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Building Your Bone Bank

A Topic For All Ages

By Beth Jennings, PT, MPT

How's your bone bank account looking these days?  

My what?  

You know, your bone bank account — the amount of bone your body has built for when you start withdrawing later. You shouldn’t wait until you're ready to withdraw to start saving. 

Our bones are living tissue, with cells constantly adding to and withdrawing from our bone structure or bone bank account.  

Our most crucial bone-building occurs in adolescence. While those legs are growing out the ends of pant legs, the bones are also gaining density.  

By our mid-20s, we've typically reached our peak bone mass. In our 30s and 40s bone loss to bone gain plateaus, then by our 50s and 60s the rate of withdrawal picks up speed and our bones become less dense. 

Bone Density Loss is a Part of Aging, But There's Hope  

Just like you might apply SPF 50 before a sunny day on the water or avoid gas station sushi before a long road trip, making good choices now can affect your health and happiness later.  

If you are under 30, build bone density while you can so you start with a strong base. 

Everyone else can still build bone, but you will be countering a faster rate of loss than when you were younger. 

 

Why does it matter? 

Because denser bones don't break as easily. And the older you are, the more debilitating a fracture can become to your life. Don’t realize this too late.

 

A Bone Bank Account Has Been Opened in Your Name 

Fixed risk factors play a large part in the starting point of your bone bank. These include:

Age: Peak bone mass is achieved by the mid 20's. After that, bone withdrawal increases and eventually becomes greater than bone deposit. 

Gender: Women are at higher risk than men, but don’t underestimate the potential for high bone loss in older men.

Family History of Osteoporosis: Either too much bone loss, poor bone building, or both leads to osteoporosis, a critically low level of bone density that causes bones to break easily. 

Race/Ethnicity: Caucasian and Asian populations show more prevalence of osteoporosis than other groups. 

Estrogen Loss: Females with a reduction in estrogen from menopause, hysterectomy, estrogen deficiency or amenorrhea (lack of menstrual period), will experience bone loss.

Knowing your level of risk for developing osteoporosis can help you decide how much focus to put on the choices you CAN make.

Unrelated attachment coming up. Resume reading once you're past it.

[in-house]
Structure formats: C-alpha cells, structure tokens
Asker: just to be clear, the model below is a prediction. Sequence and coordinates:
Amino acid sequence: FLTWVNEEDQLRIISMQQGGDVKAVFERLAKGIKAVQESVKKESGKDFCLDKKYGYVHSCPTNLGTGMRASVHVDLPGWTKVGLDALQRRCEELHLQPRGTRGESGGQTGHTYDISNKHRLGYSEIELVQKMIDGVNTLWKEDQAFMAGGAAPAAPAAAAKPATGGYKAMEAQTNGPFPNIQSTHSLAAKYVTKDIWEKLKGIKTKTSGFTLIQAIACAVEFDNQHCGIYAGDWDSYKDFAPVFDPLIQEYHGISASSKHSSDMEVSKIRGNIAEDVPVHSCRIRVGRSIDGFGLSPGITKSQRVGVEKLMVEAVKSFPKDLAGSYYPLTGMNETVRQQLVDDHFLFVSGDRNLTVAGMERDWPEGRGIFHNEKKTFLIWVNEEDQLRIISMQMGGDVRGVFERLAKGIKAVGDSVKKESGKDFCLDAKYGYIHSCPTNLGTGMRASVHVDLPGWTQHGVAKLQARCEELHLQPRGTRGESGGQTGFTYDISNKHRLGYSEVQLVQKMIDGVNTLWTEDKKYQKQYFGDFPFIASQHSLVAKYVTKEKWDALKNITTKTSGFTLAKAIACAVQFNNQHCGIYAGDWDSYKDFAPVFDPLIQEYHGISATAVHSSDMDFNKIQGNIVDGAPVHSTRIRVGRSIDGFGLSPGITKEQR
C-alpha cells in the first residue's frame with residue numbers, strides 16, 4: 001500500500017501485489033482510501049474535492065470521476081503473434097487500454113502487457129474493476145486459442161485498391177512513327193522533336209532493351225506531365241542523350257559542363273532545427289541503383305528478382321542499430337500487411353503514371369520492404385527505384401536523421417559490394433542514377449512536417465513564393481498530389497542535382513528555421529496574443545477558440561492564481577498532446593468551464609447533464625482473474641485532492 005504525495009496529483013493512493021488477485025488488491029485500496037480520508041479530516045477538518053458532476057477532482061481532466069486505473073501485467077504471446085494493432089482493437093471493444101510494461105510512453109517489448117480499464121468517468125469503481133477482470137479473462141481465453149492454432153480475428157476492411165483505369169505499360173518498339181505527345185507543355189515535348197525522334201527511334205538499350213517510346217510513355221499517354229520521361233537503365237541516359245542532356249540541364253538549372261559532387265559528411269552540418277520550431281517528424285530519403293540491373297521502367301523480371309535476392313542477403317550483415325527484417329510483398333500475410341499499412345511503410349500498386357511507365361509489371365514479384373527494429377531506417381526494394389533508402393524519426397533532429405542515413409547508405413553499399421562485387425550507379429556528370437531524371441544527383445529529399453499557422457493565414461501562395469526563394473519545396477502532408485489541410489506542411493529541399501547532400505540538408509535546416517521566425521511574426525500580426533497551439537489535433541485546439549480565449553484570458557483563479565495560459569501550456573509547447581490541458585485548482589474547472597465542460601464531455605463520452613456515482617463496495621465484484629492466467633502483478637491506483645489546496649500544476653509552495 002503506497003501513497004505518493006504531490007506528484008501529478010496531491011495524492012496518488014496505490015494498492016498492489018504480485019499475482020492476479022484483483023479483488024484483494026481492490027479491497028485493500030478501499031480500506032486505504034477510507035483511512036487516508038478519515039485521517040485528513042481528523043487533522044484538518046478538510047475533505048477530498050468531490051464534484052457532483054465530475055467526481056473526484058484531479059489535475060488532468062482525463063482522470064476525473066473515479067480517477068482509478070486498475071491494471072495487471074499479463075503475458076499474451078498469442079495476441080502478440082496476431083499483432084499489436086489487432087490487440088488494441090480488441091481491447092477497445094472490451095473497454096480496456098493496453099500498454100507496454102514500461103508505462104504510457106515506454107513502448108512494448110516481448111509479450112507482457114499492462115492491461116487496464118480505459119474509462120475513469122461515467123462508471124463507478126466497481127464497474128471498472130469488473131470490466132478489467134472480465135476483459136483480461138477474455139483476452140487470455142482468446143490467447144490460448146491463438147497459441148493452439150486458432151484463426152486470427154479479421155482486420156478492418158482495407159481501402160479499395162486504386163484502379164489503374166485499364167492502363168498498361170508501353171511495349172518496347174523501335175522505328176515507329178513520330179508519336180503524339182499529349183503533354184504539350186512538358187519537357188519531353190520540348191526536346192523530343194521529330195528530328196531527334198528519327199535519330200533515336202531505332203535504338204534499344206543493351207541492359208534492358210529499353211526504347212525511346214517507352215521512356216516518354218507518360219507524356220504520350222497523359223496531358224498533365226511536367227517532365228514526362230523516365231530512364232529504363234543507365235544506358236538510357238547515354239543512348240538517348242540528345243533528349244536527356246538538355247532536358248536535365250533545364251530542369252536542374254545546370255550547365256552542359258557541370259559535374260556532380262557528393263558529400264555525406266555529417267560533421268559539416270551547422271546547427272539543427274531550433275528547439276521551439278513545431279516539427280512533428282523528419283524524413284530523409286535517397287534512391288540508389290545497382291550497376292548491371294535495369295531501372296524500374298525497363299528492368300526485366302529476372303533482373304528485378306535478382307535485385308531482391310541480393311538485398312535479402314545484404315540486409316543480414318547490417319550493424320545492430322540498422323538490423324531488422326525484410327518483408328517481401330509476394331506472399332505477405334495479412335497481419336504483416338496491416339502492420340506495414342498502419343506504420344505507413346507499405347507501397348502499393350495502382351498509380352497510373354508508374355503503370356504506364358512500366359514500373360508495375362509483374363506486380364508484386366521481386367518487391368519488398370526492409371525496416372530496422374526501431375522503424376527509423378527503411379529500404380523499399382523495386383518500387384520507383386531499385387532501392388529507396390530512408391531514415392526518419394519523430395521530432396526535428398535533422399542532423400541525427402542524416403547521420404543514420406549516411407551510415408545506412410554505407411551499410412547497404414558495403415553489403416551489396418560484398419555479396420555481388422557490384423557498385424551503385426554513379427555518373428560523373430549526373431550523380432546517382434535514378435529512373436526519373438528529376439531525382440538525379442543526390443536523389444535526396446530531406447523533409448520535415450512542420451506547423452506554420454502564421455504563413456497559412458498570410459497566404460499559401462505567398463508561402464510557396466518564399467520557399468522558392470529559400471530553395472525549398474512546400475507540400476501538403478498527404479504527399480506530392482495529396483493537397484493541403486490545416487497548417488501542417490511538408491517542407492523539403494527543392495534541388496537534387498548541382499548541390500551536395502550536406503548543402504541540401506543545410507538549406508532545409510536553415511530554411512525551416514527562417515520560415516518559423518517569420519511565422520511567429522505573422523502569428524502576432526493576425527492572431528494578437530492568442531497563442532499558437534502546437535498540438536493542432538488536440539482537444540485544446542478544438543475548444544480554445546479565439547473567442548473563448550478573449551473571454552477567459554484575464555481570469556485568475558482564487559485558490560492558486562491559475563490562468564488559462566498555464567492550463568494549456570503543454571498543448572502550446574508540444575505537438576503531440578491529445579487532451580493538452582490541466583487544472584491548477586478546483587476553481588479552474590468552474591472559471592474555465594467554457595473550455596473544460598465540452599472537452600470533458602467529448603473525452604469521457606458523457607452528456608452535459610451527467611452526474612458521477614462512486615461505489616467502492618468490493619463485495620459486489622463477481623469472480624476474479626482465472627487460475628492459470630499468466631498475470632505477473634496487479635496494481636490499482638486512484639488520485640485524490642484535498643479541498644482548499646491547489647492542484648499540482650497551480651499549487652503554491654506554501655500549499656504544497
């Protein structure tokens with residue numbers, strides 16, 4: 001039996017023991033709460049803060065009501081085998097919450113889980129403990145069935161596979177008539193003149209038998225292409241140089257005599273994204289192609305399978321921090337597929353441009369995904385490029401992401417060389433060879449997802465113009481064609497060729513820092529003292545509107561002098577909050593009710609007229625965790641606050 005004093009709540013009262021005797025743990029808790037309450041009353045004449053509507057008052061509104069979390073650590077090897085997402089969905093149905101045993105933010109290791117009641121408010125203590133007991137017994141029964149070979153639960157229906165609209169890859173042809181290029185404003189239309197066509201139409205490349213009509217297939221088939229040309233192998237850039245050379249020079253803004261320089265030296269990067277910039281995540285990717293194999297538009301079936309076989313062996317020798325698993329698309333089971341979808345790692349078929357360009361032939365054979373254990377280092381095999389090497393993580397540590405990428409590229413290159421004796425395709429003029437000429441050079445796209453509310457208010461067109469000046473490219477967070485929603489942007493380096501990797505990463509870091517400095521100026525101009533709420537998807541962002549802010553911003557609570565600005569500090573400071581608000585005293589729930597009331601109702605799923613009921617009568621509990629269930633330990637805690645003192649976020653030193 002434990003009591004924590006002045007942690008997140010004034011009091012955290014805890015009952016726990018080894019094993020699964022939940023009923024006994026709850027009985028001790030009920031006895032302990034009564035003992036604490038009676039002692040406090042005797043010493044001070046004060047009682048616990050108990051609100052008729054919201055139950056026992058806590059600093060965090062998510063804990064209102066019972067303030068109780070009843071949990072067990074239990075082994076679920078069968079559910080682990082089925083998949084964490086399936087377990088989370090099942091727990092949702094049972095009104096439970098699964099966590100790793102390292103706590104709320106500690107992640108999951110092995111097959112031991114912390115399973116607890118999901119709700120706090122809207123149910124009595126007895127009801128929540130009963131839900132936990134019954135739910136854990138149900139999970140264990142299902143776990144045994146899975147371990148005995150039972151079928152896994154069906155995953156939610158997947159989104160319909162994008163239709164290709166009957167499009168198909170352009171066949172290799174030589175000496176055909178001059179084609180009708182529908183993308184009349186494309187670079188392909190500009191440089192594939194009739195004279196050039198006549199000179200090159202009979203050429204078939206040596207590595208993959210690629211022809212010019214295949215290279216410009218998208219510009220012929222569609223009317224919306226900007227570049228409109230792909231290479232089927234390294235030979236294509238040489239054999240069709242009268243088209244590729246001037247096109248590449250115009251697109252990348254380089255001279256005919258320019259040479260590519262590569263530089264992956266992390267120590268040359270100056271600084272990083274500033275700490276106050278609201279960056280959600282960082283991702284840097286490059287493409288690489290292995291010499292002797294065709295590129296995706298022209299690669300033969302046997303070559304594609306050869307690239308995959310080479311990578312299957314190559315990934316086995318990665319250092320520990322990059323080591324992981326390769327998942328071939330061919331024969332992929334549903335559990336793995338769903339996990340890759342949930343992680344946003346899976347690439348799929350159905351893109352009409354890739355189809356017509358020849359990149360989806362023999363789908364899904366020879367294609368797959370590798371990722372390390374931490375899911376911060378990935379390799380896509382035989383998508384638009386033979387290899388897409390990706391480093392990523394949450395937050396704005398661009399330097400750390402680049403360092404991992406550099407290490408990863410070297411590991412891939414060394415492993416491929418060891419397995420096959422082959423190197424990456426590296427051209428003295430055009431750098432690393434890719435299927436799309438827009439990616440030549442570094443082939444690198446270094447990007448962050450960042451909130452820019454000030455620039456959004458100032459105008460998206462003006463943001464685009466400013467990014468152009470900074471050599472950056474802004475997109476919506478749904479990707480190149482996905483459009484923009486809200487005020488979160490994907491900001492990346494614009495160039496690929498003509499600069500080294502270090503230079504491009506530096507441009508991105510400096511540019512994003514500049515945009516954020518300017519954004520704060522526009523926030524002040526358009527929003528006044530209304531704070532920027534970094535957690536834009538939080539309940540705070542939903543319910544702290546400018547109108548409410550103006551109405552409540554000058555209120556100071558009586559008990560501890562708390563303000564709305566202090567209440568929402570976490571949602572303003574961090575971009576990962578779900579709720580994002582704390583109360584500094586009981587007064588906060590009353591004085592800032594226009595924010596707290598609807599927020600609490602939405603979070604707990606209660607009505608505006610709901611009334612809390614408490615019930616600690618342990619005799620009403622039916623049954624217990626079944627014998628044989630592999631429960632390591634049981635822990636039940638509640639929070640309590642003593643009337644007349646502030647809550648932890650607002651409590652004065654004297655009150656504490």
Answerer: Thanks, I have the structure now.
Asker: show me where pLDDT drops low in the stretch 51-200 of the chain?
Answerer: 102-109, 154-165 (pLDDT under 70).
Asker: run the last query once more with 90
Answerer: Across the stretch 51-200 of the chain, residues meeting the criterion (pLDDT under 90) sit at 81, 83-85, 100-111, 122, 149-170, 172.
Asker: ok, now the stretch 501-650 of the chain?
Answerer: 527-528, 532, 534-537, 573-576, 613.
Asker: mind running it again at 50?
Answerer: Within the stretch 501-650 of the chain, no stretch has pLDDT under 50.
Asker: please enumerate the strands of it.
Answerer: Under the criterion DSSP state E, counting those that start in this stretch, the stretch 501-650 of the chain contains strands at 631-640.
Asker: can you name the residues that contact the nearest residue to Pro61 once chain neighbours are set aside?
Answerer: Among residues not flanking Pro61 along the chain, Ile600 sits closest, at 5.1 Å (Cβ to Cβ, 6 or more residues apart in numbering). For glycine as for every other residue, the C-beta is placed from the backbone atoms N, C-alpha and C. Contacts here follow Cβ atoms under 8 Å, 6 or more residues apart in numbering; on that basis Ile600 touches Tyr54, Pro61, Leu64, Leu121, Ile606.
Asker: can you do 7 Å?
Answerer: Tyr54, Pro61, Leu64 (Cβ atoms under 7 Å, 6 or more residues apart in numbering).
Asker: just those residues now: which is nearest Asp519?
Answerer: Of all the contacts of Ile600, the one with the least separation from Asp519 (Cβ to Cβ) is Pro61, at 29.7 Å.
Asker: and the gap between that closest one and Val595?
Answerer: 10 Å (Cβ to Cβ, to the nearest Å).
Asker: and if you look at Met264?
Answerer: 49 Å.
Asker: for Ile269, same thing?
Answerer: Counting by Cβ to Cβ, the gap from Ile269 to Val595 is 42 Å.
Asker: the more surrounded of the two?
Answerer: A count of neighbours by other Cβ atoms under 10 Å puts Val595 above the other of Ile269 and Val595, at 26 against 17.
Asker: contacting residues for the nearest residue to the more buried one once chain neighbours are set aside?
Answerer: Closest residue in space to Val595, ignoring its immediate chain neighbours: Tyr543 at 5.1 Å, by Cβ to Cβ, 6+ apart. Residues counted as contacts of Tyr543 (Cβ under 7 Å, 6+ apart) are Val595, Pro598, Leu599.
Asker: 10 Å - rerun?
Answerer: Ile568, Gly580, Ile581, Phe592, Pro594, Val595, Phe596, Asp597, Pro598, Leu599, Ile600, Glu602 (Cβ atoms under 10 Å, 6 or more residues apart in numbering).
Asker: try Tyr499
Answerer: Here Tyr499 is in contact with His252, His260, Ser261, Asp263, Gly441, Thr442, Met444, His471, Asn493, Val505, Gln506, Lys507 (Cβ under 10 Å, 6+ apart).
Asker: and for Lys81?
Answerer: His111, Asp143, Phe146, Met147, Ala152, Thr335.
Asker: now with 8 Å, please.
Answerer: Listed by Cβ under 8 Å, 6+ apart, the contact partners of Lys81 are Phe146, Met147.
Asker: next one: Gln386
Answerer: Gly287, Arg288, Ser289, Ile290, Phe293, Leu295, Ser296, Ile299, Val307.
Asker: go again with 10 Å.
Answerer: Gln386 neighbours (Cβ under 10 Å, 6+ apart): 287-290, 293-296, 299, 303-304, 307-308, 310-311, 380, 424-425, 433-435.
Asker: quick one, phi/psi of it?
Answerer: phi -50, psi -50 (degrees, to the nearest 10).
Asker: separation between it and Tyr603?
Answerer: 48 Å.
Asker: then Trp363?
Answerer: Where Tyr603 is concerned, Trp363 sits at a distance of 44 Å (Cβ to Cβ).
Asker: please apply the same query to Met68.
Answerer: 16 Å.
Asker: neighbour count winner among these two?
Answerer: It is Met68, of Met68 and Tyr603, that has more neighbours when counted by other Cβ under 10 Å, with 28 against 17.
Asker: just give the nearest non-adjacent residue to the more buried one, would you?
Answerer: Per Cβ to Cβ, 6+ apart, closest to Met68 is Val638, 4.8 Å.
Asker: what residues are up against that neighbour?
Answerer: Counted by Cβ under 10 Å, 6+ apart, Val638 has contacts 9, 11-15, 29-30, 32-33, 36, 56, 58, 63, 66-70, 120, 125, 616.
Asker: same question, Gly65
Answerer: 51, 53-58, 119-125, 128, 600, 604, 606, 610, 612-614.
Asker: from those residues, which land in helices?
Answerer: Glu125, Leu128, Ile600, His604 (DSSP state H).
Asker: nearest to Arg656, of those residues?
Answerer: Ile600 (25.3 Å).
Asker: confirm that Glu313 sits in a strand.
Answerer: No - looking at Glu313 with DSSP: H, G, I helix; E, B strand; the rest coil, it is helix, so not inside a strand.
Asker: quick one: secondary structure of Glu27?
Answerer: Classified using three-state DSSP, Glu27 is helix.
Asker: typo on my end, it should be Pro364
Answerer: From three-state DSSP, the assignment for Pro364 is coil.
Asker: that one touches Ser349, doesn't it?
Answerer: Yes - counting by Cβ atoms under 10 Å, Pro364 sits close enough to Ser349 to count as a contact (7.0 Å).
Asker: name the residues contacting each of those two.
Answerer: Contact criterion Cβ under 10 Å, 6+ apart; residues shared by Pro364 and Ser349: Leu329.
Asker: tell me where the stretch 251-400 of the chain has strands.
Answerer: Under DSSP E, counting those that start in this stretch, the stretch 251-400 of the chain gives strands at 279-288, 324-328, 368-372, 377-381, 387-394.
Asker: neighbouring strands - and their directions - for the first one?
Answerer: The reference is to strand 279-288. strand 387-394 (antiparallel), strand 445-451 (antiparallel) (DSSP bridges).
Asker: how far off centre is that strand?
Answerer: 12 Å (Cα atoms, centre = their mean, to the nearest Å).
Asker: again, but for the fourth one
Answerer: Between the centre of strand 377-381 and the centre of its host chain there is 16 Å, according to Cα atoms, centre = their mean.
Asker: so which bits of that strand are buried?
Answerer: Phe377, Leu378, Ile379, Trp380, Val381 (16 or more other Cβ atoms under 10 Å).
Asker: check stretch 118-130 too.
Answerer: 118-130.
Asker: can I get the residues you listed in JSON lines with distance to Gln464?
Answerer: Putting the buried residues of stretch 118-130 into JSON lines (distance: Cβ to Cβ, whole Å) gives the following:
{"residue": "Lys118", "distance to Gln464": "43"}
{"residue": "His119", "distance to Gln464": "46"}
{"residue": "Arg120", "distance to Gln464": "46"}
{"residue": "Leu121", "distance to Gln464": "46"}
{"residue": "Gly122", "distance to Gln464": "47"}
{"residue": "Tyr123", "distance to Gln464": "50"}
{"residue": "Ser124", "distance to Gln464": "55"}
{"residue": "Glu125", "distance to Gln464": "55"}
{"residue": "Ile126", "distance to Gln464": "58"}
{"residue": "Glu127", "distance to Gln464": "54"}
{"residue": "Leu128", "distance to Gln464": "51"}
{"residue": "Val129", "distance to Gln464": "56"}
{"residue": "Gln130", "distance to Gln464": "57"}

Take That, Bone Density 

Consider how you might improve your bone-building capability or slow bone loss by making changes to one or more of the following: 

  • Smoking: Cigarette smoking can lead to lower bone density. 
  • Alcohol: High intake of alcohol (> 2 drinks per day) has been linked to higher rates of bone loss.
  • Low Body Weight Per Height: Body Mass Index of
  • Poor Nutrition: Your best nutrients come from food, like dairy products, fatty fish and vegetables.
  • Calcium and vitamin D deficit: These nutrients are necessary to build bone and slow losses. Sunlight on the skin is great source of vitamin D, but supplements are sometimes necessary during the northern U.S. winters. 
  • Sedentary Lifestyle: You don't need to be an athlete; sit for fewer hours for better bone health. But if you choose to exercise, weight-bearing is best, such as walking or jogging.  

 

Medical Conditions and Medications May Play a Role  

  • Some medical conditions or medications are associated with inhibiting bone growth or accelerating bone loss. Talk with your doctor about your risks and how you can maximize your bone health with these health conditions.
  • Medical Conditions: hyperthyroidism, chronic lung disease, cancer, inflammatory bowel disease, chronic renal disease, hyperparathyroidism, Cushing's disease, multiple sclerosis, anorexia nervosa, bulimia, and rheumatoid arthritis. 

 

Medications: oral glucocorticoids (steroids), cancer treatments (radiation, chemotherapy), thyroid medicine, antiepileptic medications, immunosuppressive agents, and gonadal hormone suppression. 

Where Do You Stand?

Talk with your doctor about your risks, whether testing is appropriate, and when it is time to take medications.  

     Know Your Risks (English) 

     Know Your Risks (Spanish)

Share this information with the young people in your life through the links at the top of the page. 

Beth Jennings, PT, MPT is a freelance writer and a physical therapist.

Disclaimer This blog is provided for informational purposes only. The content is not intended to be a substitute for professional medical advice, diagnosis, or treatment. Always seek the advice of your physician or another qualified healthcare provider with any questions you may have regarding a medical condition.

References:

International Osteoporosis Foundation. About Osteoporosis. Accessed 2021 Dec 6.  https://www.osteoporosis.foundation/health-professionals/about-osteoporosis

NIH Osteoporosis and Related Bone Diseases, National Resource Center. The Surgeon General’s Report on Bone Health and Osteoporosis: What It Means To You. Last Reviewed 2019 Dec. Accessed on 2021 Dec 5. https://www.bones.nih.gov/health-info/bone/SGR/surgeon-generals-report#r

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